The head 12 may be integral with or permanently attached to the handle 10, or may be replaceable. One or more other oral surface engaging elements, such as a flossing element, plaque scrapper, elastomeric massaging elements, and the like, may also be present on the toothbrush 1. In practice, the toothbrush can have any of these features alone or in any combination with other features not illustrated herein. The bristles 16 generally extend from the surface of head 12 and can be of conventional size and spacing. It will also be appreciated that while the cleaning elements are illustrated herein as tufts of bristles 16, other cleaning elements of varying size, shape, cross-section and material may be used.
In the embodiment shown in
The lighted segments 20A-20E may together represent an open mouth, with four generally quarter-circle shaped portions 20A-20D resembling groups of teeth surrounding a generally teardrop shaped portion 20E resembling a tongue, as illustrated in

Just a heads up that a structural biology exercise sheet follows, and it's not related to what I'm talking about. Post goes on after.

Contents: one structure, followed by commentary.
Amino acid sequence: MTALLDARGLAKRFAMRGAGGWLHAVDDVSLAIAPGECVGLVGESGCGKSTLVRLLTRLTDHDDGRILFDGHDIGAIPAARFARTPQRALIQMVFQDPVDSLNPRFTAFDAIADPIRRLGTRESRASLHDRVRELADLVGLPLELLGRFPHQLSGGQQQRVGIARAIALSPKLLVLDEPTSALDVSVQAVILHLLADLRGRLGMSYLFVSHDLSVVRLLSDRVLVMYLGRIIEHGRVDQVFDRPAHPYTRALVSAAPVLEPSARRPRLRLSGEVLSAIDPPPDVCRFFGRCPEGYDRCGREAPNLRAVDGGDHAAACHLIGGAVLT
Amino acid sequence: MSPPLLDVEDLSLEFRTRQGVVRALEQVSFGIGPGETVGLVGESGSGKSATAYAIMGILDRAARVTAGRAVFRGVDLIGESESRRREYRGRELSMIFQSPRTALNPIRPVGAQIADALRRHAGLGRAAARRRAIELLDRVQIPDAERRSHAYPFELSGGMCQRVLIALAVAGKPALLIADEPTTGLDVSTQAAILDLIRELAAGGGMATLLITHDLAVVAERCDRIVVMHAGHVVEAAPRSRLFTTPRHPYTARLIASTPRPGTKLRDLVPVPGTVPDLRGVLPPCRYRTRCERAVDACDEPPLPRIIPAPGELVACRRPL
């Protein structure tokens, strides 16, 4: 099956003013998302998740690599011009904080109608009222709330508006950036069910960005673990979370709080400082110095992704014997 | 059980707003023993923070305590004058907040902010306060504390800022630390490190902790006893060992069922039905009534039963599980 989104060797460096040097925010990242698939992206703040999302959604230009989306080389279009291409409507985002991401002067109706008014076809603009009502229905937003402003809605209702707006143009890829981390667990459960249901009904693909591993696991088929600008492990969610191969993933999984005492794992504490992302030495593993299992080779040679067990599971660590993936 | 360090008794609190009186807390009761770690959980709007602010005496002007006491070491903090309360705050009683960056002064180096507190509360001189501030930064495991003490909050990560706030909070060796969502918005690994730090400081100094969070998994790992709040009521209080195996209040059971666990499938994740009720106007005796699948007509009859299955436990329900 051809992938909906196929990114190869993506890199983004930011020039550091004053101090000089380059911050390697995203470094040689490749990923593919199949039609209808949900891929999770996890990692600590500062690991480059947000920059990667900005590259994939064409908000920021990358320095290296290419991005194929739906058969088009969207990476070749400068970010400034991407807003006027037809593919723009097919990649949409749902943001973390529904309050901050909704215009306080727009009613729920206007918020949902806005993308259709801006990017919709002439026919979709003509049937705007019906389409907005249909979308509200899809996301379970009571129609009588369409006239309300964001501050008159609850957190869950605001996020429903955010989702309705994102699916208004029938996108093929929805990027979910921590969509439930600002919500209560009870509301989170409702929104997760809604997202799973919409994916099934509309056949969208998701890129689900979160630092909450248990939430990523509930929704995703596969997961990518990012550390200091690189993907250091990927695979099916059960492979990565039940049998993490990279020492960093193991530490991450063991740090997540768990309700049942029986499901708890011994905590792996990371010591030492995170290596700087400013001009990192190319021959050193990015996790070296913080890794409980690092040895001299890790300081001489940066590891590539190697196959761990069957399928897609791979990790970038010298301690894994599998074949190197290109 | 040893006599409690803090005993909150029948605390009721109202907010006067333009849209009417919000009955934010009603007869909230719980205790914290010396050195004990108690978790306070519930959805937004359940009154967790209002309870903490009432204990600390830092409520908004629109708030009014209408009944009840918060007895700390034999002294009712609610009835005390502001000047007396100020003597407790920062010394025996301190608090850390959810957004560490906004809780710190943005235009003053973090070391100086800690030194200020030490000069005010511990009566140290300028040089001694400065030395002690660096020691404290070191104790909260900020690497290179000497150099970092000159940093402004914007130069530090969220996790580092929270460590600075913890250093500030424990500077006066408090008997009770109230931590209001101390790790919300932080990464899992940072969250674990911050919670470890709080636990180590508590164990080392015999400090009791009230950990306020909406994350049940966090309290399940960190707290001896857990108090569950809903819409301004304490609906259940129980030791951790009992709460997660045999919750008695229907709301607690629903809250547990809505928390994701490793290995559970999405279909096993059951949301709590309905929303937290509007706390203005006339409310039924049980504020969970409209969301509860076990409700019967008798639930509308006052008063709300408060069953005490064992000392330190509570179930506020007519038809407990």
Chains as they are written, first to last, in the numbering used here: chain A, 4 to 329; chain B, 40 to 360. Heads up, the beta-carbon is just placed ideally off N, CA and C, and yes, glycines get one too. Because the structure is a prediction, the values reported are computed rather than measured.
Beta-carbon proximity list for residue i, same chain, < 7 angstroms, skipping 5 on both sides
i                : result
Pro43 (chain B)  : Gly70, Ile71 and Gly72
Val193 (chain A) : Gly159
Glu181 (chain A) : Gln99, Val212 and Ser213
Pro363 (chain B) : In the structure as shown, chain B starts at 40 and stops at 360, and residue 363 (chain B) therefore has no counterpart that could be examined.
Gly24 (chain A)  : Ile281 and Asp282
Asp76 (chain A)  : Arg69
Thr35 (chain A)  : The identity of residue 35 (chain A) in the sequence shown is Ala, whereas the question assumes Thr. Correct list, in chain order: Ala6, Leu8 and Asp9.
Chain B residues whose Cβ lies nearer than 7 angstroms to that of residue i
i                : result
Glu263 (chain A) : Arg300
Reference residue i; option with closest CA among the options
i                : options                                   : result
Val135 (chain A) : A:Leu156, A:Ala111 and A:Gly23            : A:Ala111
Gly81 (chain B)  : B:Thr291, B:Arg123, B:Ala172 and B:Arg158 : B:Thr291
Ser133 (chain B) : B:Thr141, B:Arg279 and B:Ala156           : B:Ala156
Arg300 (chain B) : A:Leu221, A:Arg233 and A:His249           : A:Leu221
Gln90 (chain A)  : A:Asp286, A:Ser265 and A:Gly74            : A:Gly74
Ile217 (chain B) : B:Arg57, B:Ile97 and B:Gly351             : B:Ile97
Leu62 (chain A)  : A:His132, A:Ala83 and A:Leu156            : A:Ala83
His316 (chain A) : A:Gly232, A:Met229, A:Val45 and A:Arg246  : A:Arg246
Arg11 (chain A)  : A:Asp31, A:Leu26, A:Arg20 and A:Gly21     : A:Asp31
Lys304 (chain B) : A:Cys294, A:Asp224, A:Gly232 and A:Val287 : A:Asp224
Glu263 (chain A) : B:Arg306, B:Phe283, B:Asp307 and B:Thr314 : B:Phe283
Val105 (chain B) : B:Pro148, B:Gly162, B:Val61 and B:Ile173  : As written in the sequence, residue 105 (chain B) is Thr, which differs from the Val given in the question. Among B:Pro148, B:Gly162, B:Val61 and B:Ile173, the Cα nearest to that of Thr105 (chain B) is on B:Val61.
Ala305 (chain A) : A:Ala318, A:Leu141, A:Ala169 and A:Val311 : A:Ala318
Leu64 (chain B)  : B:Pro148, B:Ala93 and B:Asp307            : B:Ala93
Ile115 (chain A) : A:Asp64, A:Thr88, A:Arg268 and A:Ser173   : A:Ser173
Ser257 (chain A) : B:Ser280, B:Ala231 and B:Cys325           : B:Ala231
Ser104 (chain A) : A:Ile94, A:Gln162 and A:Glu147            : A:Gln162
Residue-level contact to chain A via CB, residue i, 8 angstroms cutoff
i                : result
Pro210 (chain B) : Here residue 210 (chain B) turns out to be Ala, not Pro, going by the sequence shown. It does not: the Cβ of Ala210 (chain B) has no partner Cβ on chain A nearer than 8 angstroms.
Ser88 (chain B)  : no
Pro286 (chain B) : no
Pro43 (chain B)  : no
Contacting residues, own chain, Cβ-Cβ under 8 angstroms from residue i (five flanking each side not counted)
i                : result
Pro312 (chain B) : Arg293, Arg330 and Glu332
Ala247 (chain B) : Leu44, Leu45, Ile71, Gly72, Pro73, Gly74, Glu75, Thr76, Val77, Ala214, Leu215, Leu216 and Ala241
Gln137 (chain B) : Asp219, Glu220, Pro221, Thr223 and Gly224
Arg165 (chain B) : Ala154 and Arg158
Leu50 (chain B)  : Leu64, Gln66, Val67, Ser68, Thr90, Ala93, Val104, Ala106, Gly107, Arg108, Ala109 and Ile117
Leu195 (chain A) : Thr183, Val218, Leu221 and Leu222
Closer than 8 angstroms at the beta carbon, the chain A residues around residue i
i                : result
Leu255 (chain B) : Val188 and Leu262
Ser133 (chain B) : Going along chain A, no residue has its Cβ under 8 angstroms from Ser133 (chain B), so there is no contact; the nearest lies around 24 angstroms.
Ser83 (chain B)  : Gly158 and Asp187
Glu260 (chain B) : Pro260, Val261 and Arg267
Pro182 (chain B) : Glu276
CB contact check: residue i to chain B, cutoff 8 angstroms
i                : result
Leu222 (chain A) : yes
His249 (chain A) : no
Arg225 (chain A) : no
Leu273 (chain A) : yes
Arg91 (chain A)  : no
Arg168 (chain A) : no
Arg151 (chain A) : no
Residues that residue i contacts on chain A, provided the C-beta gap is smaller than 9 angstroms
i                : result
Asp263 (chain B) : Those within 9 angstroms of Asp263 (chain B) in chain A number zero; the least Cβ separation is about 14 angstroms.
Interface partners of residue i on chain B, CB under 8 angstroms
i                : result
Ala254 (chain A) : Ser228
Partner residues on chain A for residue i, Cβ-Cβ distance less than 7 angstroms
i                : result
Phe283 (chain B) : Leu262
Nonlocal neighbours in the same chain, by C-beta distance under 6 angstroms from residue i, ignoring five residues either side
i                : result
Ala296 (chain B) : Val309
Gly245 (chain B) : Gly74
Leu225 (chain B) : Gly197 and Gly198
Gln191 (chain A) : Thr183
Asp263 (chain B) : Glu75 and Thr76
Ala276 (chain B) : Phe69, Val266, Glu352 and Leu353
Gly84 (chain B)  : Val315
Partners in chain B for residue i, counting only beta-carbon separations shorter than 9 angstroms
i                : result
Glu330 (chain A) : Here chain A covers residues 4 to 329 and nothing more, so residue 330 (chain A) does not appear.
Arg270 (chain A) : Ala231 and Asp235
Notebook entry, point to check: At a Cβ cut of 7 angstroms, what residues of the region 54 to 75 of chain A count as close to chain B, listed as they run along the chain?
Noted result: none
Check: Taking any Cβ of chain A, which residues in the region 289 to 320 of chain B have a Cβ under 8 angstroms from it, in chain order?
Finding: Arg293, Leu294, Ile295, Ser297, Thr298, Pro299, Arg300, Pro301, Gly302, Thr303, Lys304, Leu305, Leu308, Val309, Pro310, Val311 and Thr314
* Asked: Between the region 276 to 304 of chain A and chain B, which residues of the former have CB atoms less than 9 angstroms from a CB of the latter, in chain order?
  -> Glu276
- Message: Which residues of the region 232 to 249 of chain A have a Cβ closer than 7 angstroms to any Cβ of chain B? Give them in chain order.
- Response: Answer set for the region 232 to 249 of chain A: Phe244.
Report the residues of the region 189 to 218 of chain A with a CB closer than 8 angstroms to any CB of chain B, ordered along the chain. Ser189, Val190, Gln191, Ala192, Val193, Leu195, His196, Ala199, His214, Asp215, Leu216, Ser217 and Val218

For example, segments 20B and 20D can be illuminated during a first 30-second interval to instruct the user to brush the outside surfaces of the top and bottom teeth, including the front and back teeth. At the conclusion of the first interval, a second 30-second interval begins during which segment 20C may be illuminated to instruct the user to brush the upper molars. At the conclusion of the second interval, segment 20A may be illuminated during a third 30-second interval to instruct the user to brush the lower molars. During a fourth 30-second interval, segment 20E may be illuminated to instruct the user to brush the tongue and the surfaces behind the teeth. A four-interval brushing cycle is described merely as exemplary. If desired, a different number of intervals may be chosen, such as two (e.g., upper teeth/lower teeth), three (e.g., front teeth/upper teeth/lower teeth), five (e.g., outside teeth/upper molars/lower molars/back surfaces/tongue), and so on.